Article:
Do you take notice of review sites?

On the internet, the ability to make a business out of anything is well proven. Wherever there is a demand somebody will be looking to supply to meet it, whatever the ethics of that may be.

Take review sites for example. More and more people are basing their purchases or investments into services upon the thoughts of others who have apparently already tried them. Personally, I rarely make a purchase of more than £30 in value without checking out reviews somewhere online and yes, I can be swayed by what I read.

Travel site TripAdvisor boasts over 25 million users per month, the majority looking to check out hotels and resorts before they book, so I am not alone in my opinion.

Which is why some less scrupulous companies have highlighted the value of good reviews and are abusing the system. Certainly, some review sites have to be taken with a pinch of salt, with many paying reviewers up to 50p per review they write, in an attempt to fill their site with content on the cheap.

Yet, some companies are now taking that further and recruiting review-writers onto their payroll and funding them to visit review sites and leave praise-ridden comments.

The trend is called ‘astroturfing’ a witty comment on the fact that the operation fakes grass-roots support. Yet it is illegal. The problem is nobody appears to have yet been brought to book for it. Sites seeking freelancers frequently feature ads for review writers clearly being recruited by brands, but no action ever appears to have been taken to clamp down on it.

The Consumer Protection from Unfair Trading Regulations clearly prohibits the practice, setting out that pretending to be a consumer and giving yourself a positive review is ‘an unfair commercial practice’. That is a criminal offence subject to an unlimited fine and up to 2 years in prison, so certainly not worth the risk.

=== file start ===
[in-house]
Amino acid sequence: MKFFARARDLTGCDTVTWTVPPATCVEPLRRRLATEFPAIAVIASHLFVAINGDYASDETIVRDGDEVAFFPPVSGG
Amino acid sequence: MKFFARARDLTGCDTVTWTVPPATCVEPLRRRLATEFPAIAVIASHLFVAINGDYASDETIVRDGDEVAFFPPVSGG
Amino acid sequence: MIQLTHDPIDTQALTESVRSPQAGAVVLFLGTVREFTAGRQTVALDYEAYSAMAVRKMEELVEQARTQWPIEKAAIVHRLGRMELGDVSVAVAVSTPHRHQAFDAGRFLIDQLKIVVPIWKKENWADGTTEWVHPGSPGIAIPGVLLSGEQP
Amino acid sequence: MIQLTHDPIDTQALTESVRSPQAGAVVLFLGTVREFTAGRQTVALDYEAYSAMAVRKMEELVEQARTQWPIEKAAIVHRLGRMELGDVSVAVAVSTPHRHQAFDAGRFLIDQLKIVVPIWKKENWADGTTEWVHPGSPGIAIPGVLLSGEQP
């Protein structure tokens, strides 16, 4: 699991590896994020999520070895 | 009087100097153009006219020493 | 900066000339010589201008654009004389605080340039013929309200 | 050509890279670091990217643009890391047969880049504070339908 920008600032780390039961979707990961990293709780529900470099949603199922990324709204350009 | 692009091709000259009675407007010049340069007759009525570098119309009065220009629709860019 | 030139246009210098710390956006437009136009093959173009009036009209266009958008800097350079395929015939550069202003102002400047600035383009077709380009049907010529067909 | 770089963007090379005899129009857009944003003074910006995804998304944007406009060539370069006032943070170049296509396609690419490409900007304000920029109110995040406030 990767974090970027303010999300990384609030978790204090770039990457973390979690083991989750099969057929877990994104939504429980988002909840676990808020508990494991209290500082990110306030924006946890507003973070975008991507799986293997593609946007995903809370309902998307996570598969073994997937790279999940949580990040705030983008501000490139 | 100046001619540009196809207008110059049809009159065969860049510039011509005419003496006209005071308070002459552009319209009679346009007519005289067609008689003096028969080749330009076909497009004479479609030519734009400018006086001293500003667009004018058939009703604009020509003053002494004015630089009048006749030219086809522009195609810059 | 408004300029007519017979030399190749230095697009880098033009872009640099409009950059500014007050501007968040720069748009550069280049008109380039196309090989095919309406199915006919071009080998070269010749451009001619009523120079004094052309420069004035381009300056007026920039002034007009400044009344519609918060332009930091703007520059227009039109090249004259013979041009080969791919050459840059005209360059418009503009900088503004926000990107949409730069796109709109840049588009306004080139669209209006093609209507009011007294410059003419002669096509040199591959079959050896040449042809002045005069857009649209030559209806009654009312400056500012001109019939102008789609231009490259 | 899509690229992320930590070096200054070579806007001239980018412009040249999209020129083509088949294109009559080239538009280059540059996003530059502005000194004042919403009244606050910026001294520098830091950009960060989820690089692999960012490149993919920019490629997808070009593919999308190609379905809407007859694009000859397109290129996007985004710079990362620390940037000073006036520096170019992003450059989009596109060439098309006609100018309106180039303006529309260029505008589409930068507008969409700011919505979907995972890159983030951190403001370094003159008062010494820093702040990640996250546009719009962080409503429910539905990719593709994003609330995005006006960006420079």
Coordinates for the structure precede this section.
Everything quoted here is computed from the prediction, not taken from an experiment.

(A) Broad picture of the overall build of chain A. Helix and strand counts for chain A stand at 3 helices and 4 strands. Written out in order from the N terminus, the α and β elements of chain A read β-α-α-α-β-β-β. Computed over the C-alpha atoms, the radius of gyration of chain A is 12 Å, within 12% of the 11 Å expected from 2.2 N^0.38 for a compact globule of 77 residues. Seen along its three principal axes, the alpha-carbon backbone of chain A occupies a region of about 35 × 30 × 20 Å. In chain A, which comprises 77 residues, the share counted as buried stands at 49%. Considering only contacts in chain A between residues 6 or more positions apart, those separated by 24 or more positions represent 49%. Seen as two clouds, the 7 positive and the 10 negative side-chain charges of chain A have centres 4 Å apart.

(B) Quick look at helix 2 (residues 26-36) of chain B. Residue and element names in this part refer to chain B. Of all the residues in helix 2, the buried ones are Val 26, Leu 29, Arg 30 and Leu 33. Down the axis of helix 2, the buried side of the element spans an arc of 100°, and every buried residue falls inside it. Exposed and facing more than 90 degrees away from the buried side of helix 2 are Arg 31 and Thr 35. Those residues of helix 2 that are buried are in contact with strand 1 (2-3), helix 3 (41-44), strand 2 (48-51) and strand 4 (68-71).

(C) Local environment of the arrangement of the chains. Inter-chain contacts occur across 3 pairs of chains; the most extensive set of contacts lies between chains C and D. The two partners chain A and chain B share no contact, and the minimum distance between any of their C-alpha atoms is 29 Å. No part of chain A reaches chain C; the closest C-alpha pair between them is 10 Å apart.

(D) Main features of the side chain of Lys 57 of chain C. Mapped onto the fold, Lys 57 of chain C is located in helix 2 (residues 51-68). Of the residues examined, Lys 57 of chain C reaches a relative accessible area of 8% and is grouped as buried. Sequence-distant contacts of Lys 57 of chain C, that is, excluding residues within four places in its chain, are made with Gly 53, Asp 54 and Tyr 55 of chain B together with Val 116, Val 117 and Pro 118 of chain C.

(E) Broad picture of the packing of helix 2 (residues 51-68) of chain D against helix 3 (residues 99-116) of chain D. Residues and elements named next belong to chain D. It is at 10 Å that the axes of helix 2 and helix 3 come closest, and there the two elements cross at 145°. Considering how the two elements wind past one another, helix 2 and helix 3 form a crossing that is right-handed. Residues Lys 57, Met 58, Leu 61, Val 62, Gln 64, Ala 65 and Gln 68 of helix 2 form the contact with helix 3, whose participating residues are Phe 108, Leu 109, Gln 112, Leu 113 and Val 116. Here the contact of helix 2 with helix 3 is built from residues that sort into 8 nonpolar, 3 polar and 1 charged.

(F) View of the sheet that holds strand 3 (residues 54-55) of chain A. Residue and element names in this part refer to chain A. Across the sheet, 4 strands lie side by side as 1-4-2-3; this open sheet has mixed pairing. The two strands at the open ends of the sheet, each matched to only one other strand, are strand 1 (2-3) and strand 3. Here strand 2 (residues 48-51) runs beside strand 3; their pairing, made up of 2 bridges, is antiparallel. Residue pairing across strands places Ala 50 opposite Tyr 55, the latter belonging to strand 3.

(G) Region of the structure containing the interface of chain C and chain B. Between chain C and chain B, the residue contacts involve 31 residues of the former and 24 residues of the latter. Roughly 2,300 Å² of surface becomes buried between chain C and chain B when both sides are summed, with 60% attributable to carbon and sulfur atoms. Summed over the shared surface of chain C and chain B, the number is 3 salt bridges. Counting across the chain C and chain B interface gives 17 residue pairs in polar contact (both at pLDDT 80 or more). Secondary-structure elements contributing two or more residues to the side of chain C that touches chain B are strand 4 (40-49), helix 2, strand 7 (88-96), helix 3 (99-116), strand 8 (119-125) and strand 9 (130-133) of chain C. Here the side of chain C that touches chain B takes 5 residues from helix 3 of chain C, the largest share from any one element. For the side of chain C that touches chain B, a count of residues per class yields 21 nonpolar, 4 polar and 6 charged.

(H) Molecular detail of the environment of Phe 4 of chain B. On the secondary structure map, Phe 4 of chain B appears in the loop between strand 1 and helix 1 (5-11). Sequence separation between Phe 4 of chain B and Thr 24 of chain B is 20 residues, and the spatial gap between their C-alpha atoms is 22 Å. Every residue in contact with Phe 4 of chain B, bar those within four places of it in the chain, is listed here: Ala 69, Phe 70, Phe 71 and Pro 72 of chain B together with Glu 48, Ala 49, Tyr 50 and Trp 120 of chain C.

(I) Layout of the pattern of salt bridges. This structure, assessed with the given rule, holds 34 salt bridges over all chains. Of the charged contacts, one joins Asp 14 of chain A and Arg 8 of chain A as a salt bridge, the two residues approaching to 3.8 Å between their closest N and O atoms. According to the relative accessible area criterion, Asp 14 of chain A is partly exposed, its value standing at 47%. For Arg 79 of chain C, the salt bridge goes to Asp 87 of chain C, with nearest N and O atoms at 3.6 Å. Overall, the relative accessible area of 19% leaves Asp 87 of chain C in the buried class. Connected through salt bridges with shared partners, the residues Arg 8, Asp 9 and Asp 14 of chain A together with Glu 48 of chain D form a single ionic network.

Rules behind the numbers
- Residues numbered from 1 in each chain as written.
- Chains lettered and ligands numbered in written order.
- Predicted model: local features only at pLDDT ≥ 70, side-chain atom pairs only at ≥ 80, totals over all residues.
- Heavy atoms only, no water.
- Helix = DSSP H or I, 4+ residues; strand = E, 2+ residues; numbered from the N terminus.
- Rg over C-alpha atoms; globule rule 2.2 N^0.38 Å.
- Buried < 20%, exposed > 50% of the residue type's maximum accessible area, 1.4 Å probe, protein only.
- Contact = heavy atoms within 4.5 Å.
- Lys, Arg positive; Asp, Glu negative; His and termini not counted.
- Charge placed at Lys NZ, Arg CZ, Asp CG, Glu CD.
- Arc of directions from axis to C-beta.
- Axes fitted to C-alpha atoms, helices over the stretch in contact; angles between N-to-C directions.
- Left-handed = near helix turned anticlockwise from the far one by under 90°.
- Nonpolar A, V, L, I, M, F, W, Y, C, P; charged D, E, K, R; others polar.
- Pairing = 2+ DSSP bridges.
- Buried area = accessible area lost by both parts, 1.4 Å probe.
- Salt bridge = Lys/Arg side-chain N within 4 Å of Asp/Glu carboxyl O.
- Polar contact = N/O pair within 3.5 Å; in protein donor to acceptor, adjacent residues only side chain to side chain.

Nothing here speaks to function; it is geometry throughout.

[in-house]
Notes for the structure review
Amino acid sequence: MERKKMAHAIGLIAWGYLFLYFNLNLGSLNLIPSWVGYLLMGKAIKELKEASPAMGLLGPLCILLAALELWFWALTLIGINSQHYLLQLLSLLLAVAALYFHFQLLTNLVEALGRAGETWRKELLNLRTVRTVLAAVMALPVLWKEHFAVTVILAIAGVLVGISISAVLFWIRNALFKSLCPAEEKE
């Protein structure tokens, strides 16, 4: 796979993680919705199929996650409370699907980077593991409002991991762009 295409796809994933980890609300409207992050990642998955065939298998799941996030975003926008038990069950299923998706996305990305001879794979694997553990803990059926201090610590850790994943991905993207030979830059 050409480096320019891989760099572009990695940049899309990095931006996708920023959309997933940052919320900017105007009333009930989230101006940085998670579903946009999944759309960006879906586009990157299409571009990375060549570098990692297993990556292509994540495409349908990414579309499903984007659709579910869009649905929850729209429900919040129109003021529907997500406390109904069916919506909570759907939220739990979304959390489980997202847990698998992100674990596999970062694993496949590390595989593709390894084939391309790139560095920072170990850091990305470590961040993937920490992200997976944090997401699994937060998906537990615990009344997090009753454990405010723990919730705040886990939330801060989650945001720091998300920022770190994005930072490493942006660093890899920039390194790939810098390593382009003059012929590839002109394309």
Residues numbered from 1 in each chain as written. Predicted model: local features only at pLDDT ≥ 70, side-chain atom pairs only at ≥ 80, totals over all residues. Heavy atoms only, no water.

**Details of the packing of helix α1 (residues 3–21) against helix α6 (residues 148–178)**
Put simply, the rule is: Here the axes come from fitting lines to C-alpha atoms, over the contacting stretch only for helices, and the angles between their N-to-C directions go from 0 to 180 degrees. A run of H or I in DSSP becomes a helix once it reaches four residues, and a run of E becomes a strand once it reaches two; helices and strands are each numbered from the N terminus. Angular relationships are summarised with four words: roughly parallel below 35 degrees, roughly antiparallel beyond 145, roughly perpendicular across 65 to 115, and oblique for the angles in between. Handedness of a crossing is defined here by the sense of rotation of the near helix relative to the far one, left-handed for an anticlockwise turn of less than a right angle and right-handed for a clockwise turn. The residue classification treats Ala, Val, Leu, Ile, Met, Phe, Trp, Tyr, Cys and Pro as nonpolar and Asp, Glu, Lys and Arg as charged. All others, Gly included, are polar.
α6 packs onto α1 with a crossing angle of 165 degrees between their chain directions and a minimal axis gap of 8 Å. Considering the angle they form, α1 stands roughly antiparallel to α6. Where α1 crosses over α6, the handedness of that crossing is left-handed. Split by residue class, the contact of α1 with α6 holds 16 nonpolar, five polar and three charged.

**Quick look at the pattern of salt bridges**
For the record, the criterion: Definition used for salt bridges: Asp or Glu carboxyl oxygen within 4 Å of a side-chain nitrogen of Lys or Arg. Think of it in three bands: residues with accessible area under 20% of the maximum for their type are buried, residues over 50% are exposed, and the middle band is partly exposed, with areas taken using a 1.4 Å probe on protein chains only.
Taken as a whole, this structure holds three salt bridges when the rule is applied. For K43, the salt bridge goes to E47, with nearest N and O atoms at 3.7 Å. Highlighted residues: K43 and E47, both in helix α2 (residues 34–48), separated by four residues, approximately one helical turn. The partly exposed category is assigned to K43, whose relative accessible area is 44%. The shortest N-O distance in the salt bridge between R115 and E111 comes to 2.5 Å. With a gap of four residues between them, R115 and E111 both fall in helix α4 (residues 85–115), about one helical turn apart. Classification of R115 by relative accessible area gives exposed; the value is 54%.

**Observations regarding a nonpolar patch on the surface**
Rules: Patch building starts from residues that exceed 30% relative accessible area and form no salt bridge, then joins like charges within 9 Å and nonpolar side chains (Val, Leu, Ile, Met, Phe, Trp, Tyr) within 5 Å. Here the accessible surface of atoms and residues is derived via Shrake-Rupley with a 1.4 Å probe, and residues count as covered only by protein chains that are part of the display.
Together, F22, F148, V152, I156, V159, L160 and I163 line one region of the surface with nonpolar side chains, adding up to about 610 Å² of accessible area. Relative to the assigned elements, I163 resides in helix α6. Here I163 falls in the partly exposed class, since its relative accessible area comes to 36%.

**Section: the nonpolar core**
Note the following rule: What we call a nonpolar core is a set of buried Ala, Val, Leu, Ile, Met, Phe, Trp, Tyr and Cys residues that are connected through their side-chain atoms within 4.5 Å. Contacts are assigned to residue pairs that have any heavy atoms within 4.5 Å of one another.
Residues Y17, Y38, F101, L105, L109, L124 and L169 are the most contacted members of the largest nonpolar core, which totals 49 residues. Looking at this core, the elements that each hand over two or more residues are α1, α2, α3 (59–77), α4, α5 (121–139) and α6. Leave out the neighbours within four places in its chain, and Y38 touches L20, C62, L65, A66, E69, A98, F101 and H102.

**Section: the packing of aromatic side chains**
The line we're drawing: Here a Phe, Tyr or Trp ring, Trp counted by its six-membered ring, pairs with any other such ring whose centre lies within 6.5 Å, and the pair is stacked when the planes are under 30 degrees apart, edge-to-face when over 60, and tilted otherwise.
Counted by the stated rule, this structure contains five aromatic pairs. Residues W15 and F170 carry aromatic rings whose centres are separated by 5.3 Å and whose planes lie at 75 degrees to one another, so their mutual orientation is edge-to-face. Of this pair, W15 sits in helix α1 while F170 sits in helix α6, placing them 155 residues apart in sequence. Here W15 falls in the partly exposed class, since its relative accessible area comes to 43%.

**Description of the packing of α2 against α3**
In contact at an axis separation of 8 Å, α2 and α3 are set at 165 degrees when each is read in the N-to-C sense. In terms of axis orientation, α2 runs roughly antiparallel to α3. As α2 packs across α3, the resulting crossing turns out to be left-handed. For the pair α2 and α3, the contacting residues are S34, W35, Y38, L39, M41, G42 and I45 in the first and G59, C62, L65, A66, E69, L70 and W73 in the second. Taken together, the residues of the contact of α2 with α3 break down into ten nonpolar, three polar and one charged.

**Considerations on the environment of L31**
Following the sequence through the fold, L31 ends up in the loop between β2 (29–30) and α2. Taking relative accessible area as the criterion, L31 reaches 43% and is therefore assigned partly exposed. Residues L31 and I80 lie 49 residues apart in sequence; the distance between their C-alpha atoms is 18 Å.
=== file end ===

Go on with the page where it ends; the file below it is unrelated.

Yet, besides the law, besides the ethics, there is something extremely odd about companies seeking to falsely enhance their reputation by fake reviews when the biggest thing they risk in so doing, is their reputation itself.

As we all know a businesses reputation can make or break its success particularly in difficult financial times. If a brand found to be using fake reviews was made public, imagine the damage to customer confidence, business trust and the reputation of the company. Yet, where there is a quick-win to be had with little sign of any risk of punishment, expect firms to run the gauntlet.

Do you take notice of review sites? Have you ever been tempted to place a fake review?

Tim Fuell only joined the Webfusion team last year but having been a customer of the group for more than 10 years, he knew all about their success in the Web hosting field. After writing his Masters thesis on the threat of cybersquatting way back in 1998, he has seen the Internet grow beyond even his wildest dreams. A journalist for over 16 years and a qualified Solicitor, Tim is one of a team of bloggers in the Webfusion stable aiming to educate, inform and assist their online readership.